Oceania Football Confederation > News > Social Responsibility > Fencibles share with Pacific Islands

Fencibles share with Pacific Islands

L-R: VFF Technical Director Peter Takaro, Wade Melville and Fencibles United Youth Club Captain Jeannine Melville.

Auckland-based football club Fencibles United literally gave the shirts off their backs after donating their much-loved and well looked after uniforms to the Oceania Football Confederation and its Member Associations.

Among those associations set to benefit from the gift is the Vanuatu Football Federation, whose Technical Director Peter Takaro was on hand in Auckland to receive the donation from Fencibles youth club captain Jeannine Melville.

Takaro was delighted with the generous gift, and is looking forward to sharing the uniforms with Vanuatu clubs and players in need of equipment.

“In Vanuatu we have a development programme and we have eight associations that really need this, so we’re very thankful that Fencibles has made this donation to us and other MAs that might also need them,” he said.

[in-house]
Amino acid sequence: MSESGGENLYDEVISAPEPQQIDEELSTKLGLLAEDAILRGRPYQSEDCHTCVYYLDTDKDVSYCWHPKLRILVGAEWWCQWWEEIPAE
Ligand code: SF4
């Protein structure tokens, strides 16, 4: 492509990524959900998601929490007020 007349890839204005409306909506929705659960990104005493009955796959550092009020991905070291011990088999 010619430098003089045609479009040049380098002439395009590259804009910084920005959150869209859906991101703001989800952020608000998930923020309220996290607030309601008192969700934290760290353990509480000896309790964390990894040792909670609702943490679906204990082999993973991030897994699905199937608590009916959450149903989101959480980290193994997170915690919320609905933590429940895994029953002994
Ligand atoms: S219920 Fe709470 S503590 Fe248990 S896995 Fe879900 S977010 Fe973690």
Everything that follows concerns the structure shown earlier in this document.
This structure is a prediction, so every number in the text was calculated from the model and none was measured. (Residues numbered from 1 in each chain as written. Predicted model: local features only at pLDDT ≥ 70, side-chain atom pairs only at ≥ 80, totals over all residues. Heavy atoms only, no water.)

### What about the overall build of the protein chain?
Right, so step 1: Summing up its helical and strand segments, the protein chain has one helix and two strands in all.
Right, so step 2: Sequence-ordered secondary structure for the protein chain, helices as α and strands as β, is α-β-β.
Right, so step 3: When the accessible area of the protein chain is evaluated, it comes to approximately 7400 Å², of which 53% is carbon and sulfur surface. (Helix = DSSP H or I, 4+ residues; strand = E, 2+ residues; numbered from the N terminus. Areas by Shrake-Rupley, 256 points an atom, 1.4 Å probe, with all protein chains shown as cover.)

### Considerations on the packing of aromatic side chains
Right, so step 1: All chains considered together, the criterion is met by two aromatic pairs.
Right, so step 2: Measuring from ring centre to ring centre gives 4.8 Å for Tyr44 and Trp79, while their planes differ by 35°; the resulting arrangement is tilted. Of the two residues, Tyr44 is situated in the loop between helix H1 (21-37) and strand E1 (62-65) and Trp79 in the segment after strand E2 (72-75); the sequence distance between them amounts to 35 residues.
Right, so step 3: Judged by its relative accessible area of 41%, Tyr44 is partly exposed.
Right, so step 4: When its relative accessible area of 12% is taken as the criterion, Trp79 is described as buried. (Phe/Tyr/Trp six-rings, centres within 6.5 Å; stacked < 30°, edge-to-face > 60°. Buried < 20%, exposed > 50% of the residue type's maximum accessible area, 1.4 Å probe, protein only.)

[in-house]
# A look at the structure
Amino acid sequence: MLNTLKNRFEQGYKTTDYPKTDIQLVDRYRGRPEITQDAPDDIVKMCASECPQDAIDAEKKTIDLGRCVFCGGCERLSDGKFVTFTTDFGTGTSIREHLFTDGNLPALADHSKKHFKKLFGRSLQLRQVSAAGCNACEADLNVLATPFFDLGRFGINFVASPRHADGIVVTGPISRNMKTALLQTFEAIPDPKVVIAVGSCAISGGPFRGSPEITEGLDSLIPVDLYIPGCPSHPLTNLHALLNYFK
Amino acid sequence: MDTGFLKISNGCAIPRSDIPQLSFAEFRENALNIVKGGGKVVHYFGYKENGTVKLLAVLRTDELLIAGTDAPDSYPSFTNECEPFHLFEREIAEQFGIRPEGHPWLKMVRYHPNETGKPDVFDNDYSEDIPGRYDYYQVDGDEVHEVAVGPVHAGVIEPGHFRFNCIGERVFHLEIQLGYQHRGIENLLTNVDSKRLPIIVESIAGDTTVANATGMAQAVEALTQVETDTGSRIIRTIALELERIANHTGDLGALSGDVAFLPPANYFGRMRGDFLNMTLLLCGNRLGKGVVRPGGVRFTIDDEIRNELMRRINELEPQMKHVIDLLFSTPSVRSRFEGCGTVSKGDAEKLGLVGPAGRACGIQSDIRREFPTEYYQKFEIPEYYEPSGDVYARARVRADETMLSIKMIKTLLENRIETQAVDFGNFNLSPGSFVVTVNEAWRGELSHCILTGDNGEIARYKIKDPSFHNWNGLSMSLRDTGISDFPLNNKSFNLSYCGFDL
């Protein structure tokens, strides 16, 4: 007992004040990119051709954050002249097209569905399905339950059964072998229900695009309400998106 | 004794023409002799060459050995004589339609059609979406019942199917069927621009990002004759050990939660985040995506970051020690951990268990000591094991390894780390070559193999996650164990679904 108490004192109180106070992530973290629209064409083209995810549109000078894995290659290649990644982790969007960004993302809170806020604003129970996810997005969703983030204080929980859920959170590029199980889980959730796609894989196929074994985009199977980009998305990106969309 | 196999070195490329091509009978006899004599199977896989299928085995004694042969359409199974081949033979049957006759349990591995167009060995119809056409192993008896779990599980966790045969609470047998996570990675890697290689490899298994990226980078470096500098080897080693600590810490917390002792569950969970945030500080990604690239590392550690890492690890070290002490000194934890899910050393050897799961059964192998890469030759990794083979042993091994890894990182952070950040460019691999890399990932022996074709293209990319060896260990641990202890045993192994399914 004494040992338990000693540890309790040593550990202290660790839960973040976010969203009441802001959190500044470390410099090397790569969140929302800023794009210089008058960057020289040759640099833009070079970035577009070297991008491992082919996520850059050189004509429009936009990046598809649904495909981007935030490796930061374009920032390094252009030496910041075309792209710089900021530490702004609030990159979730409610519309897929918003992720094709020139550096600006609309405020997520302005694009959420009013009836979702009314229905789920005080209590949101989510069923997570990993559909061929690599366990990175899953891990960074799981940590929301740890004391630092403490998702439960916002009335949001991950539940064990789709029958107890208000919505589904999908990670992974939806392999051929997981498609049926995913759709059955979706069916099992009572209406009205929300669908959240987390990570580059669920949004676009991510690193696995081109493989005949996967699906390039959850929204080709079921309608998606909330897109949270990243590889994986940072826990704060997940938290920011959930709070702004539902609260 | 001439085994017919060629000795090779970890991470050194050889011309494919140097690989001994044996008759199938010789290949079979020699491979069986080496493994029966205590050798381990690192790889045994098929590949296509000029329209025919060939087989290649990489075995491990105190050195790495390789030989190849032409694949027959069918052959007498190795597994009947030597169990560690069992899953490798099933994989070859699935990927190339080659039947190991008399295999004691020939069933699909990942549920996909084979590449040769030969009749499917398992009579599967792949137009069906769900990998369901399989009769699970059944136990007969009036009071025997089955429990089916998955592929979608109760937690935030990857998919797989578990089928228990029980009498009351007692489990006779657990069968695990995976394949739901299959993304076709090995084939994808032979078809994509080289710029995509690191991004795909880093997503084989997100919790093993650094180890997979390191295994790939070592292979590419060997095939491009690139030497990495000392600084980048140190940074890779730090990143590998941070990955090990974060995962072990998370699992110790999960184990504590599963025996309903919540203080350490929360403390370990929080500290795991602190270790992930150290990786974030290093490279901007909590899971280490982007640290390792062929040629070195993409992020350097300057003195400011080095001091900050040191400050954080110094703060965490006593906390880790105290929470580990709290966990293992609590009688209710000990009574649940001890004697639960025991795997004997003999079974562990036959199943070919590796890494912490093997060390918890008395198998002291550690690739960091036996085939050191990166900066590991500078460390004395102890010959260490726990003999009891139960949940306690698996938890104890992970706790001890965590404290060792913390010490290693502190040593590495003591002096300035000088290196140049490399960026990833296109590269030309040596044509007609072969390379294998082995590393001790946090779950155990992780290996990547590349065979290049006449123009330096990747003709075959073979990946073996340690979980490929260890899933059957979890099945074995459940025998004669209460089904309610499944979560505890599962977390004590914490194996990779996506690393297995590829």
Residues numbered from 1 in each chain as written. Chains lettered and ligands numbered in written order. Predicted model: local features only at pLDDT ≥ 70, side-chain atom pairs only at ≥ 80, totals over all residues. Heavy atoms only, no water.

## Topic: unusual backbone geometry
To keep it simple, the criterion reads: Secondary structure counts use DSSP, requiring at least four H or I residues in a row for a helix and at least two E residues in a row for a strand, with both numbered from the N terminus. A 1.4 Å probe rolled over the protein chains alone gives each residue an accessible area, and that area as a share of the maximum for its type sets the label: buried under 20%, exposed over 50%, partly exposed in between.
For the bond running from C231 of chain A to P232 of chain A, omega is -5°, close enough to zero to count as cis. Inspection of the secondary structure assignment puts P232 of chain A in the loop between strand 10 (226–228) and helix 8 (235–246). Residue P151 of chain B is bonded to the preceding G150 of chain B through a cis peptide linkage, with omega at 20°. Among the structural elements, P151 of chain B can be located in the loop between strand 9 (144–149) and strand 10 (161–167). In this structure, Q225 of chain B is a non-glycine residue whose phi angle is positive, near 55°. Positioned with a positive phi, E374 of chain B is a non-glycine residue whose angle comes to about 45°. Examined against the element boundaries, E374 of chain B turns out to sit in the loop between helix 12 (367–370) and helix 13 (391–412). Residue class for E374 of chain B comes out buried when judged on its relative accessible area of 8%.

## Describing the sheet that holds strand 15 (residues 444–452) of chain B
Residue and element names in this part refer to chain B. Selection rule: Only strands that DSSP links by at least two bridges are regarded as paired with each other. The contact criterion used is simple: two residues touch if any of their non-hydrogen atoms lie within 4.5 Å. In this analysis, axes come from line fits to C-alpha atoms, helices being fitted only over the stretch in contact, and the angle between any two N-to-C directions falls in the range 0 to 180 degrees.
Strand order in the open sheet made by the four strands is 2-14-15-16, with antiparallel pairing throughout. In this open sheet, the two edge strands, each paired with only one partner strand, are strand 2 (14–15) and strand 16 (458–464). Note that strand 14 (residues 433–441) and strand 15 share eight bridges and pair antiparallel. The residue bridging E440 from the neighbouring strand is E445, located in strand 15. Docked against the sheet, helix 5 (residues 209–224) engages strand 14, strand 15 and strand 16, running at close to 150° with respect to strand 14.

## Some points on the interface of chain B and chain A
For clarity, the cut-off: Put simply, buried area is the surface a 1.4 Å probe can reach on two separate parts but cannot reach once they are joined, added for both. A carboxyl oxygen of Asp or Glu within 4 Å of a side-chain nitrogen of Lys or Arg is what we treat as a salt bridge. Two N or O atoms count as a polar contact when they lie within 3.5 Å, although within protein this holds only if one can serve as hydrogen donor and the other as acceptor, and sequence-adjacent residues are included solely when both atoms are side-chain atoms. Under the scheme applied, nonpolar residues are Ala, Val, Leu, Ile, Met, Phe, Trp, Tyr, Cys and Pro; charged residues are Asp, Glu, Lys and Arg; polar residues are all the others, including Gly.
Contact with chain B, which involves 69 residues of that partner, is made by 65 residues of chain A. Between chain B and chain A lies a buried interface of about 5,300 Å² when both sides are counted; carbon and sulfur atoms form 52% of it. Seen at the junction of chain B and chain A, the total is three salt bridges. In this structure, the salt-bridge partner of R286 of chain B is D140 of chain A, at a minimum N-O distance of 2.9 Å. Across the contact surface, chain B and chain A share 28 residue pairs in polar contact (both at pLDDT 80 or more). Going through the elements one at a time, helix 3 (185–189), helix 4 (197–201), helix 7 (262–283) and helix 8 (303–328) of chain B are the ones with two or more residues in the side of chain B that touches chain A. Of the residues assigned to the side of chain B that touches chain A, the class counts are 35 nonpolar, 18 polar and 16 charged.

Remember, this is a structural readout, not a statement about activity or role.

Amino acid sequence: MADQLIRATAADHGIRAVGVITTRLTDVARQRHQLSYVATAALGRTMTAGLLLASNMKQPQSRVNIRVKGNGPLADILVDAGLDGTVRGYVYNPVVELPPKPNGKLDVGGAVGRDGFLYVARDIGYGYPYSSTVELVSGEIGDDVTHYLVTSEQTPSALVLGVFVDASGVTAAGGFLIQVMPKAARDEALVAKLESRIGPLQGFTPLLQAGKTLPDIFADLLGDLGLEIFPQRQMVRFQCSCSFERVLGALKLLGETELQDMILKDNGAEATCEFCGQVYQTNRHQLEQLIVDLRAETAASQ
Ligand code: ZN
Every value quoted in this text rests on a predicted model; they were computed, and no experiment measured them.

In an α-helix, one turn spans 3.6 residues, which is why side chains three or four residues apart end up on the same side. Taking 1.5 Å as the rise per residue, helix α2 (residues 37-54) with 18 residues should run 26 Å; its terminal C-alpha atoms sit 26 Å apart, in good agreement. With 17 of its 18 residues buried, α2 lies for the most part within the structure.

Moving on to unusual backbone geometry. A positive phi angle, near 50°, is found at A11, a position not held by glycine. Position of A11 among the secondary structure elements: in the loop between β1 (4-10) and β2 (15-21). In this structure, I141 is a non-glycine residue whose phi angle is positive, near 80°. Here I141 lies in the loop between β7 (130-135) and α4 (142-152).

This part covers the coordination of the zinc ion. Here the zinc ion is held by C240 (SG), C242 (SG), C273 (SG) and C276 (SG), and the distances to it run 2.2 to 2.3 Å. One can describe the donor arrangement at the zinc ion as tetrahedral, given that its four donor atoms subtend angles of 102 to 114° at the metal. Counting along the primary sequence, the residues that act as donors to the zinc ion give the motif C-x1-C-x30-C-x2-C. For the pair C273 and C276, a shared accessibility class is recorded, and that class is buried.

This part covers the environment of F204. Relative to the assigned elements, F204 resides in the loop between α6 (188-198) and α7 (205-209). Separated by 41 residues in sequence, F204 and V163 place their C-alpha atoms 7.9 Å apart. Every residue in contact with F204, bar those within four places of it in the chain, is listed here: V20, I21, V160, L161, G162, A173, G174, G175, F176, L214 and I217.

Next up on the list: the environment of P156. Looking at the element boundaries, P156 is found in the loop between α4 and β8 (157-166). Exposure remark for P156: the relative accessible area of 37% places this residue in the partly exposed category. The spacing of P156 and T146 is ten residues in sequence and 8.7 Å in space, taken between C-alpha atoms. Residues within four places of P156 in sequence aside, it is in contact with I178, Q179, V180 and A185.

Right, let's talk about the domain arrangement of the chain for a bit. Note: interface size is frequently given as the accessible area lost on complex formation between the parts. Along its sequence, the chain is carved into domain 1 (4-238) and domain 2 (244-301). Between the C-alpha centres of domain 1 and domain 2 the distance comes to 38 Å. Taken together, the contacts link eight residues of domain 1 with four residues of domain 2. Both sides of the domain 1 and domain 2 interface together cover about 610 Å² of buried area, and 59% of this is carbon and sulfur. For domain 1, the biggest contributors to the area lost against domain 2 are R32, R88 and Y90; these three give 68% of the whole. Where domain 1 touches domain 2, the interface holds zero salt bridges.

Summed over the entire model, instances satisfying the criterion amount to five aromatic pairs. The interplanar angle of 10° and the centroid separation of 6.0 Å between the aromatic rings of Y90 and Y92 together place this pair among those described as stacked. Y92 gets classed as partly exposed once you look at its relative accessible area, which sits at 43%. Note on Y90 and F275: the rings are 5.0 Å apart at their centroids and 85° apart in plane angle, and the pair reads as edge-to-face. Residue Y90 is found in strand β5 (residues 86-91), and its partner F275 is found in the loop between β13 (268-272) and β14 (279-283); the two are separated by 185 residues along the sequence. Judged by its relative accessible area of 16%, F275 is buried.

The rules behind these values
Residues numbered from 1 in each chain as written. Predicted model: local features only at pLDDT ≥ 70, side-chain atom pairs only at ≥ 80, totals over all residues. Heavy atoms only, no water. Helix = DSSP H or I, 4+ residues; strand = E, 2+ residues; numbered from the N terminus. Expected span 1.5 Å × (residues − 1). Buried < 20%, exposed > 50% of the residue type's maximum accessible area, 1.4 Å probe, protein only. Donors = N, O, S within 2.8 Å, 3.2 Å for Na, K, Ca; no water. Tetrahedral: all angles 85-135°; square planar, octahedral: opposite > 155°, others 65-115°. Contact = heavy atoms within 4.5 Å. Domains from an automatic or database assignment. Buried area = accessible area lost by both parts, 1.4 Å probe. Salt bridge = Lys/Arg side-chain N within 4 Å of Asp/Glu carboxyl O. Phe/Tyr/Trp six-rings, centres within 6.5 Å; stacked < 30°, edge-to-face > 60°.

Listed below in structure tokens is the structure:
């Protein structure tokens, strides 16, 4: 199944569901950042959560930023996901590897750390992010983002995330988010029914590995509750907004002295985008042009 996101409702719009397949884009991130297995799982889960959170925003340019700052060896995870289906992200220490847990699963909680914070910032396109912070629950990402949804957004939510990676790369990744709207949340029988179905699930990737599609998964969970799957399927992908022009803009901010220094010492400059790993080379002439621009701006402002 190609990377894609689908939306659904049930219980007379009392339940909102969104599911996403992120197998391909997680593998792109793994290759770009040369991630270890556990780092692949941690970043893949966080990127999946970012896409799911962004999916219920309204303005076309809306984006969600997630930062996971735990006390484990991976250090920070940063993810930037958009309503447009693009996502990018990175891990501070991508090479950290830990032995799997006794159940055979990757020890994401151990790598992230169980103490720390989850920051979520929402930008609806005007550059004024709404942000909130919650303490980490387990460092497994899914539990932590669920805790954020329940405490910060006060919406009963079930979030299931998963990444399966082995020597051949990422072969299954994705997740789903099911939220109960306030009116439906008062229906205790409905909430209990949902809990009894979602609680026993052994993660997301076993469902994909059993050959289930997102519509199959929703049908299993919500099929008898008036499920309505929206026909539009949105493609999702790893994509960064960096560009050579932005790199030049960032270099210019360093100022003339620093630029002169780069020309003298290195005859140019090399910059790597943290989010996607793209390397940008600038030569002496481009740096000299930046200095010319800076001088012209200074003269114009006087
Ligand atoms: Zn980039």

“This will be something that will boost our development programme in smaller areas and different member associations in our federation,” he added.

“I’m very happy to receive these shirts and I’m looking forward to shipping them to Vanuatu so that we can start using them.”

The initiative was coordinated by Melville who wanted to put the quality uniforms to good use after receiving new strips for the upcoming season.

“Over the last 18 months the club has made the move to have all members from age four to over 50 in the same uniform to reflect our strong club culture,” she explained.

“We knew we had made the right decision when we saw the smiles on the junior children’s’ faces when they got to try out the new shirts for photos last year, and the sadness when they had to give them back,” she said.

Melville hopes receiving the shirts will bring the same joy to Vanuatu football players.

“We thought this could help boost the children in the Pacific as much as the new shirts boosted our young ones,” she said.

“The difference is that in the Pacific they have very little to begin with so it’s very rewarding to know you are putting a smile on a child’s face. That’s why we did this.”

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